Endomorphisms of degree d on a sphere with infinite fibers on a dense subset

Let $S^n$ be the sphere of dimension $n$. In order to construct a map $f:S^n\rightarrow S^n$ of degree $d\geq 2$ one has the following construction: Let $K$ be the complement of $d$ disjoint n-dimensional open discs in $S^n$. Then collapsing $K$ to a point we find that $S^n/K\simeq \bigvee _{i=1}^d S^n$. Identifying (choosing a homemomorphism) each of the sphere in the disjoint union with $S^n$ (with the approriate orientation), the composition of the two maps $$S^n\rightarrow \bigvee _{i=1}^d S^n \rightarrow S^n,$$ gives us a map $\phi_d:S^{n}\rightarrow S^n$ of degree $d$.

In general, if $f:S^n\rightarrow S^n$ is a map of degree $d$ and $x\in S^{n}$ is such that the fiber $f^{-1}(x)$ is finite, then one has from excision theorem that $$\sum_{y\in f^{-1}(x)} deg_f(y)=d.$$

Q1: How would you construct a (continuous) map $f:S^n\rightarrow S^n$ of degree $d$ such that on a dense subset of points $X\subseteq S^{n}$ one has that for every $x\in X$ that the fiber $f^{-1}(x)$ is infinite?

Q2: Having a map $f$ as in Q1 and a point $x\in X$, is it possible to take some kind natural average sum over the local degrees of the elements of $f^{-1}(x)$ in such a way that the sum converges to $d$ (you may assume that $S^n$ is endowed with a metric if you think it helps) ?

added: Note that if one constructs a map $f:S^n\rightarrow S^n$ of degree one with infinite fibers (on a dense set) then by post-composing with a map of degree $d$ we obtain a map of degree $d$ which satisfies all the conditions.

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Think about the following example $f\colon \mathbb S^1\to \mathbb S^1$ defined as $$f(x)=x+\sum_n \tfrac1n\sin (n^2\cdot x) \pmod{2\cdot\pi}.$$ Note that the preimage $f^{-1}(y)$ for any $y$ is a Cantor set. – Anton Petrunin Oct 28 '12 at 19:37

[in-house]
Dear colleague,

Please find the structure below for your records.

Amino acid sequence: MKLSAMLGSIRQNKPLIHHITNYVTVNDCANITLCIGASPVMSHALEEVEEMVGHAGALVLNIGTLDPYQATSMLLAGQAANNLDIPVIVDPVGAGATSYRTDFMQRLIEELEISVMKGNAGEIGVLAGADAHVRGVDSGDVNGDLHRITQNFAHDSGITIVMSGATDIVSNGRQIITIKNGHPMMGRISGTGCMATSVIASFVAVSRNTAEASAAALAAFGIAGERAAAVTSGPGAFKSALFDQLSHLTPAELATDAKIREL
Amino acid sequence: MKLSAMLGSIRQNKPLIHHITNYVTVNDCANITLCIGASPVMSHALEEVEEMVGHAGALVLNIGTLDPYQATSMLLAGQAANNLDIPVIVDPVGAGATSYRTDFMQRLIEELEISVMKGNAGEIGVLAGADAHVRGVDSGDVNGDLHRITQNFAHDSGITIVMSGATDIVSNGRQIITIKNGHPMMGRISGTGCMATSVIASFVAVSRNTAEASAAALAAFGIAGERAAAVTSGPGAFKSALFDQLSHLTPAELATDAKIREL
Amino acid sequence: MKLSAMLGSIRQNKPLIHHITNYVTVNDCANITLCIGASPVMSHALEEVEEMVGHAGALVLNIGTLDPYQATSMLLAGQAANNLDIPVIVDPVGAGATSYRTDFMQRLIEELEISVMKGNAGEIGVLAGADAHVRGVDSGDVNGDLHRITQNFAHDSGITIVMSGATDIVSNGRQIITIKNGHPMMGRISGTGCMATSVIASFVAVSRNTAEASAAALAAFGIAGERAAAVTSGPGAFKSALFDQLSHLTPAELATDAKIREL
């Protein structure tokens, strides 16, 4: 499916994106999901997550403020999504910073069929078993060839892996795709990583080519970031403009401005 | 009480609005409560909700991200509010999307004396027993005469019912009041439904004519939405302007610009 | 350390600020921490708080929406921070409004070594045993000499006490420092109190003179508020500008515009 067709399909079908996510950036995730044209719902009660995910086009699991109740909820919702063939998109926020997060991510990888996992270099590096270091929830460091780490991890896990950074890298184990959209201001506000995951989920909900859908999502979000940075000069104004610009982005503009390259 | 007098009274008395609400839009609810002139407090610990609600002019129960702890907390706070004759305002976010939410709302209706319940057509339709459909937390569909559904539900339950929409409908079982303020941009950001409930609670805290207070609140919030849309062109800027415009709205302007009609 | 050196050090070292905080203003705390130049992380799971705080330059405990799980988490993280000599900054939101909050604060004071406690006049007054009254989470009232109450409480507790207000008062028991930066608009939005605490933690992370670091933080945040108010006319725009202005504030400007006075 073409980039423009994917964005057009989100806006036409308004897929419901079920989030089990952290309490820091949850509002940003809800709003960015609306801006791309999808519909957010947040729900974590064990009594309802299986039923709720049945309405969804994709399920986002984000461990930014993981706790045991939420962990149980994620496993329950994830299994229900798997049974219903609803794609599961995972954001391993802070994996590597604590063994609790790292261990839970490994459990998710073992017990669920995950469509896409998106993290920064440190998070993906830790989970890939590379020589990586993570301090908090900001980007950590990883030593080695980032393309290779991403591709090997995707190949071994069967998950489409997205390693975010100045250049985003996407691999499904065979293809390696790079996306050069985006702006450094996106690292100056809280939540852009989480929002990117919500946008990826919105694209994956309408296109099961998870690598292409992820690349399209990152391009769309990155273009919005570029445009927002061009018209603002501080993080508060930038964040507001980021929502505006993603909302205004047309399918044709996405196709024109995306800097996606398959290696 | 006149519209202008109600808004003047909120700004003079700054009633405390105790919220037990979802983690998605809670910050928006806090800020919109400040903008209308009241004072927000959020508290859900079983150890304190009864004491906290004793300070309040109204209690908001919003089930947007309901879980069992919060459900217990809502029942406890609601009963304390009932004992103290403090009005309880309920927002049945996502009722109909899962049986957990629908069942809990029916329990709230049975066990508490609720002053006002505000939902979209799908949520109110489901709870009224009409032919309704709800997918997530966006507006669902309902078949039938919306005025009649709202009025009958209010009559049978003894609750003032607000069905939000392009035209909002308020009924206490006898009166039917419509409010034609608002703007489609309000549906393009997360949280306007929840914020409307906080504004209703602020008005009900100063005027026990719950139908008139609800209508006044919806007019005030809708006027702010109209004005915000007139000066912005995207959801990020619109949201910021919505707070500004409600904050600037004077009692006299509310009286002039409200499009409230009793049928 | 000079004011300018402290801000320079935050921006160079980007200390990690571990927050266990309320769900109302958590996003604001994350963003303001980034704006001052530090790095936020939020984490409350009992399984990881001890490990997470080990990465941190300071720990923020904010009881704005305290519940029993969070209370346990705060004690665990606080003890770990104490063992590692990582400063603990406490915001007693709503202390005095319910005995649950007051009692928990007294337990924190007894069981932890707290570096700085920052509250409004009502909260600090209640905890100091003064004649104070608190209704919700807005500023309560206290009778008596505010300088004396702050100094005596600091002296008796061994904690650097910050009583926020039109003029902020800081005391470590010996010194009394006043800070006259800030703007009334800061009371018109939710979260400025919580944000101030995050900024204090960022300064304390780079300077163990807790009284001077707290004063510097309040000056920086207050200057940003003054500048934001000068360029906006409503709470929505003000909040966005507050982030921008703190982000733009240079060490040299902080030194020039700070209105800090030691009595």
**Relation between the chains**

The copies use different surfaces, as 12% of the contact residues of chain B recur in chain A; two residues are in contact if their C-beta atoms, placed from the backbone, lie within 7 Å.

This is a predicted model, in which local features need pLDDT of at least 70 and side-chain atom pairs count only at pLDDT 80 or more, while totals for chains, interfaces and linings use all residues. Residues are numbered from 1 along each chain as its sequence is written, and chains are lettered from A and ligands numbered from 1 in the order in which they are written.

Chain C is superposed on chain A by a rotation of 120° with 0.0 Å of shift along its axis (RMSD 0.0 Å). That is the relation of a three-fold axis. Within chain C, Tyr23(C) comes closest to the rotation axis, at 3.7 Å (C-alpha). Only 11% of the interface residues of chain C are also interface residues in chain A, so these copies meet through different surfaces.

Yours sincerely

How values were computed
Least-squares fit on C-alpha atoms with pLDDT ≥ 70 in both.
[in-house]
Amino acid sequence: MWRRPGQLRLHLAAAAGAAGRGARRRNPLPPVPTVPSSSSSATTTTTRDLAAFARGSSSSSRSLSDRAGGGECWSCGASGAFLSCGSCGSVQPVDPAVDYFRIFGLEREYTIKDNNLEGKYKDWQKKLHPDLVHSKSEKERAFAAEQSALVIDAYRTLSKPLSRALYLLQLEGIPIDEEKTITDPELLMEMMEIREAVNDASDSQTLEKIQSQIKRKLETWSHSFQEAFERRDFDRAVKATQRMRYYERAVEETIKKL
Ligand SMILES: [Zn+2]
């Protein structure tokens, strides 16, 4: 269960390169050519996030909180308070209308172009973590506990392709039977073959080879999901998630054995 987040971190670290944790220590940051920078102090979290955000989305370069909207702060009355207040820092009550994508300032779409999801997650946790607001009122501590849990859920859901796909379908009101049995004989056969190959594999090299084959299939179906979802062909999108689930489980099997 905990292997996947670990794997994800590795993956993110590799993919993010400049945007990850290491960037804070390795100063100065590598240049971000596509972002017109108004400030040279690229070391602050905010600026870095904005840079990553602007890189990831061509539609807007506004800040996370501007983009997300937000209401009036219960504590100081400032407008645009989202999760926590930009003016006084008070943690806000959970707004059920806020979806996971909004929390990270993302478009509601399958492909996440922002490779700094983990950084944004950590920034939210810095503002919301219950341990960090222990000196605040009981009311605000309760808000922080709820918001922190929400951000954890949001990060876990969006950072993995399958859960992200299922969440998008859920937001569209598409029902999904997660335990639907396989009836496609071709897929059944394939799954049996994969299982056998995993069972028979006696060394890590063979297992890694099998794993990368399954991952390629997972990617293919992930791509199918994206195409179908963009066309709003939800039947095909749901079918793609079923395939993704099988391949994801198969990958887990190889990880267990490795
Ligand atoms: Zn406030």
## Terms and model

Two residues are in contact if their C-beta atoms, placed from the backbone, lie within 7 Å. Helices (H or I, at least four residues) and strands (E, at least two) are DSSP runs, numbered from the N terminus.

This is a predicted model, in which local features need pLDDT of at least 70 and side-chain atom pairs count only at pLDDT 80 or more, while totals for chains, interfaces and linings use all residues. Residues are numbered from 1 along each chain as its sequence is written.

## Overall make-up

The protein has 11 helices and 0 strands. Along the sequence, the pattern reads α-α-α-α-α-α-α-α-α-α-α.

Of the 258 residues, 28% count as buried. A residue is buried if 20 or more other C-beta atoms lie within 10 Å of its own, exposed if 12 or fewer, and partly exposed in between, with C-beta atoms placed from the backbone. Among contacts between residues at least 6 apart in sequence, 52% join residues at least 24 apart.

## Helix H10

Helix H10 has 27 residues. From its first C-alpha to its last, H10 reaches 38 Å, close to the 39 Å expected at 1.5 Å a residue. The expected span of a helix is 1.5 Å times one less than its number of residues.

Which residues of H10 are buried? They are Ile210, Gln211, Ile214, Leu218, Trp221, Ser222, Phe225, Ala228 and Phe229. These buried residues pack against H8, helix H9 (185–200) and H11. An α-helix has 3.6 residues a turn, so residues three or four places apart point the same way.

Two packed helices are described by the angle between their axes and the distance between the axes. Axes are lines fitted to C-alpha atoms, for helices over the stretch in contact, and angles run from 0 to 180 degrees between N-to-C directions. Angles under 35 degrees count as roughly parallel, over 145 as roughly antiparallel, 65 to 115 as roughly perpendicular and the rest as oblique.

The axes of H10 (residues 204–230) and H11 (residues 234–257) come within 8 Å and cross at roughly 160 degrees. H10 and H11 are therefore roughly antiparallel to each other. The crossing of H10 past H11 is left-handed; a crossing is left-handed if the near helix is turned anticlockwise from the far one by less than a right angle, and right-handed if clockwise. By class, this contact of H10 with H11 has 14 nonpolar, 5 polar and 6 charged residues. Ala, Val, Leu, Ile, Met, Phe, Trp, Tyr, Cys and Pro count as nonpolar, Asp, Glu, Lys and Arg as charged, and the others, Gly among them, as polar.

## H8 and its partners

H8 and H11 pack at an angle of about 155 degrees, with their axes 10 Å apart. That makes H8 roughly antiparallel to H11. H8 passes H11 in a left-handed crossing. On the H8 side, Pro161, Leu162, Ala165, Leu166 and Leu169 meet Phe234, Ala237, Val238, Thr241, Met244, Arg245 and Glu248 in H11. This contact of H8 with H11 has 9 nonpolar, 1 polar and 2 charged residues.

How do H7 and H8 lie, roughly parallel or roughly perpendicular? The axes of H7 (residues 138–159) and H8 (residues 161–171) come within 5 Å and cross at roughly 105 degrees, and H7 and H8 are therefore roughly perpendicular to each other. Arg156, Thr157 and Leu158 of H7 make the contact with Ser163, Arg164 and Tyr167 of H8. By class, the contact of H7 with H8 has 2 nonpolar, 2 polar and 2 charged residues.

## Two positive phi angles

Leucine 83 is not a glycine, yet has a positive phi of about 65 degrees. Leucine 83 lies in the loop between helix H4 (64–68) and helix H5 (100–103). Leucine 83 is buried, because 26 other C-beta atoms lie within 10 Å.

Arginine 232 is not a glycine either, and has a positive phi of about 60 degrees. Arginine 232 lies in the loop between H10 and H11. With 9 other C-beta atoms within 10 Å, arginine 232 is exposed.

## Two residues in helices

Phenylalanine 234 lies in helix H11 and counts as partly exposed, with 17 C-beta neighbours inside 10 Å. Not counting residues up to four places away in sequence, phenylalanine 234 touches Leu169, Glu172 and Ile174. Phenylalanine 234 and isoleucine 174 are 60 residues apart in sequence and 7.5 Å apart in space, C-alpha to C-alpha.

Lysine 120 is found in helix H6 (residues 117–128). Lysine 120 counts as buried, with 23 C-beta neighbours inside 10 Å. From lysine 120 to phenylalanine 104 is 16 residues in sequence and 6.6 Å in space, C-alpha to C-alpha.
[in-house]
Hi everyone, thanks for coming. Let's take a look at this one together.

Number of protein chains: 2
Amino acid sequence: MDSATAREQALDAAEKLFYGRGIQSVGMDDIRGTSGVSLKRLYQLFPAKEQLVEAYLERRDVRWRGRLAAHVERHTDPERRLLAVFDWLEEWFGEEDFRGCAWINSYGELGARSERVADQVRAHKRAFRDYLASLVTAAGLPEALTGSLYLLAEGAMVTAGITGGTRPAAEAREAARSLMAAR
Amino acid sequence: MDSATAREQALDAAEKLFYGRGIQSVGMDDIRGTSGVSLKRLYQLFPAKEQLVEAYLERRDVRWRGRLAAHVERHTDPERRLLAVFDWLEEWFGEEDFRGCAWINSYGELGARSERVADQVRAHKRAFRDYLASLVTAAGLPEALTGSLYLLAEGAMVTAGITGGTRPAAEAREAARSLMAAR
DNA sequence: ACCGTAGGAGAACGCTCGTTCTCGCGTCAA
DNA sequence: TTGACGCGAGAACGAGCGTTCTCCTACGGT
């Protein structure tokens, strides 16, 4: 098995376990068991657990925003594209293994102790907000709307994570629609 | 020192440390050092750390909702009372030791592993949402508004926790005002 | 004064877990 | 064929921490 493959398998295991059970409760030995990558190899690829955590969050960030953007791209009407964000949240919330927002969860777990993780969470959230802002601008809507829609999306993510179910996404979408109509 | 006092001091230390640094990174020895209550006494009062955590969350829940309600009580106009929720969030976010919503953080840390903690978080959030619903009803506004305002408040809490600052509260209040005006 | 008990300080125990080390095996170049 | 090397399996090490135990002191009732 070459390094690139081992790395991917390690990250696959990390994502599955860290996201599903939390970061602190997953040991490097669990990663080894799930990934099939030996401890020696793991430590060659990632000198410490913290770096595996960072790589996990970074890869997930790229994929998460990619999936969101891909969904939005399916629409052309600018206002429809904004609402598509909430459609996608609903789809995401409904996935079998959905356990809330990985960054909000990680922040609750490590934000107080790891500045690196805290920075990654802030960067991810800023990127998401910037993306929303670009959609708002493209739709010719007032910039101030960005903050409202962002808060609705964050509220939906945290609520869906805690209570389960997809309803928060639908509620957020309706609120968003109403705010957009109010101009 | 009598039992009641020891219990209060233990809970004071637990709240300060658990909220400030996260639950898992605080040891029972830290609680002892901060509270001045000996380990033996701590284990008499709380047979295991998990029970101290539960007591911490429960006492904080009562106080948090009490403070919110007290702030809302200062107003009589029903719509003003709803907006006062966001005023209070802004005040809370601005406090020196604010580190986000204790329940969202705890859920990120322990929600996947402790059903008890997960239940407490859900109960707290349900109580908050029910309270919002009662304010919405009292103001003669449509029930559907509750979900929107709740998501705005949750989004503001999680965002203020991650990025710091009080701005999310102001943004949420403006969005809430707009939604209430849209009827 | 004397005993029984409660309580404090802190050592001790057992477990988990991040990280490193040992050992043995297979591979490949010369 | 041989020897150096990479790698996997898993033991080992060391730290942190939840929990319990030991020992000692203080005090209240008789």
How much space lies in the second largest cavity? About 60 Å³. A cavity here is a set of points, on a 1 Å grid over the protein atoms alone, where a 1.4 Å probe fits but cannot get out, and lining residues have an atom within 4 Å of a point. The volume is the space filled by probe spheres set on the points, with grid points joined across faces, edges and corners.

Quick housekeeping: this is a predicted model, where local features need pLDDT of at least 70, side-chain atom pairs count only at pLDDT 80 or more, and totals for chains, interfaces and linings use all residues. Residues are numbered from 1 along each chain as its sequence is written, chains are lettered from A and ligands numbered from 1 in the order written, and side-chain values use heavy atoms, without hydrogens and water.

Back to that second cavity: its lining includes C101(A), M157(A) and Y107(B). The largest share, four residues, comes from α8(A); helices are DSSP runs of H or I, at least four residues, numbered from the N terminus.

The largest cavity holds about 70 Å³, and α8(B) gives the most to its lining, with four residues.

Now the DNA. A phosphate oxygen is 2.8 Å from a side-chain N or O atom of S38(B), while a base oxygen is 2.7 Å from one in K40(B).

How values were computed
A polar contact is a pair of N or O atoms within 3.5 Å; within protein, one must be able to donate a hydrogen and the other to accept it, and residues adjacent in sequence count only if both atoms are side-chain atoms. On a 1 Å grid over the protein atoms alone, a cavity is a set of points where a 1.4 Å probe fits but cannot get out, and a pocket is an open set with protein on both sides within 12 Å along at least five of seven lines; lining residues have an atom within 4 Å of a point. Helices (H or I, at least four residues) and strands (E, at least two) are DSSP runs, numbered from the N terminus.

In the actual Q1 (in contrast to the title), you only asked that some point $x$ have an infinite fiber. The example you gave at the beginning of the question already does that. The set $K$ that you collapse to a point is one of the fibers of your map. – Andreas Blass Oct 29 '12 at 0:35
Yes you are right, I had in mind something different. – Hugo Chapdelaine Oct 29 '12 at 14:57
@Anton, I have 2 simple questions: what is the degree of your map $f$ (and how to compute it) and how do you compute a fiber $f^{-1}(y)$? – Hugo Chapdelaine Oct 29 '12 at 15:11

Q1: It seems to me that you could take a disc $B_2$ in $S^2$ and a map $f: S^2\to S^2$ of a given degree s.t. $f(B_2)$ is a point $y$, and define $g(x)=f(x)$ for $x\notin B_2$ and $g(x)|_{B_2}$ to be the composition $B_2\to B_2/S^1\simeq S^2\to S^3 \to S^2$ of a factor map, an onto map $S^2\to S^3$ and the Hopf fibration such that $g(S_1)=y$. Each point in $S^2$ has infinite fiber and $g$ is homotopic to $f$.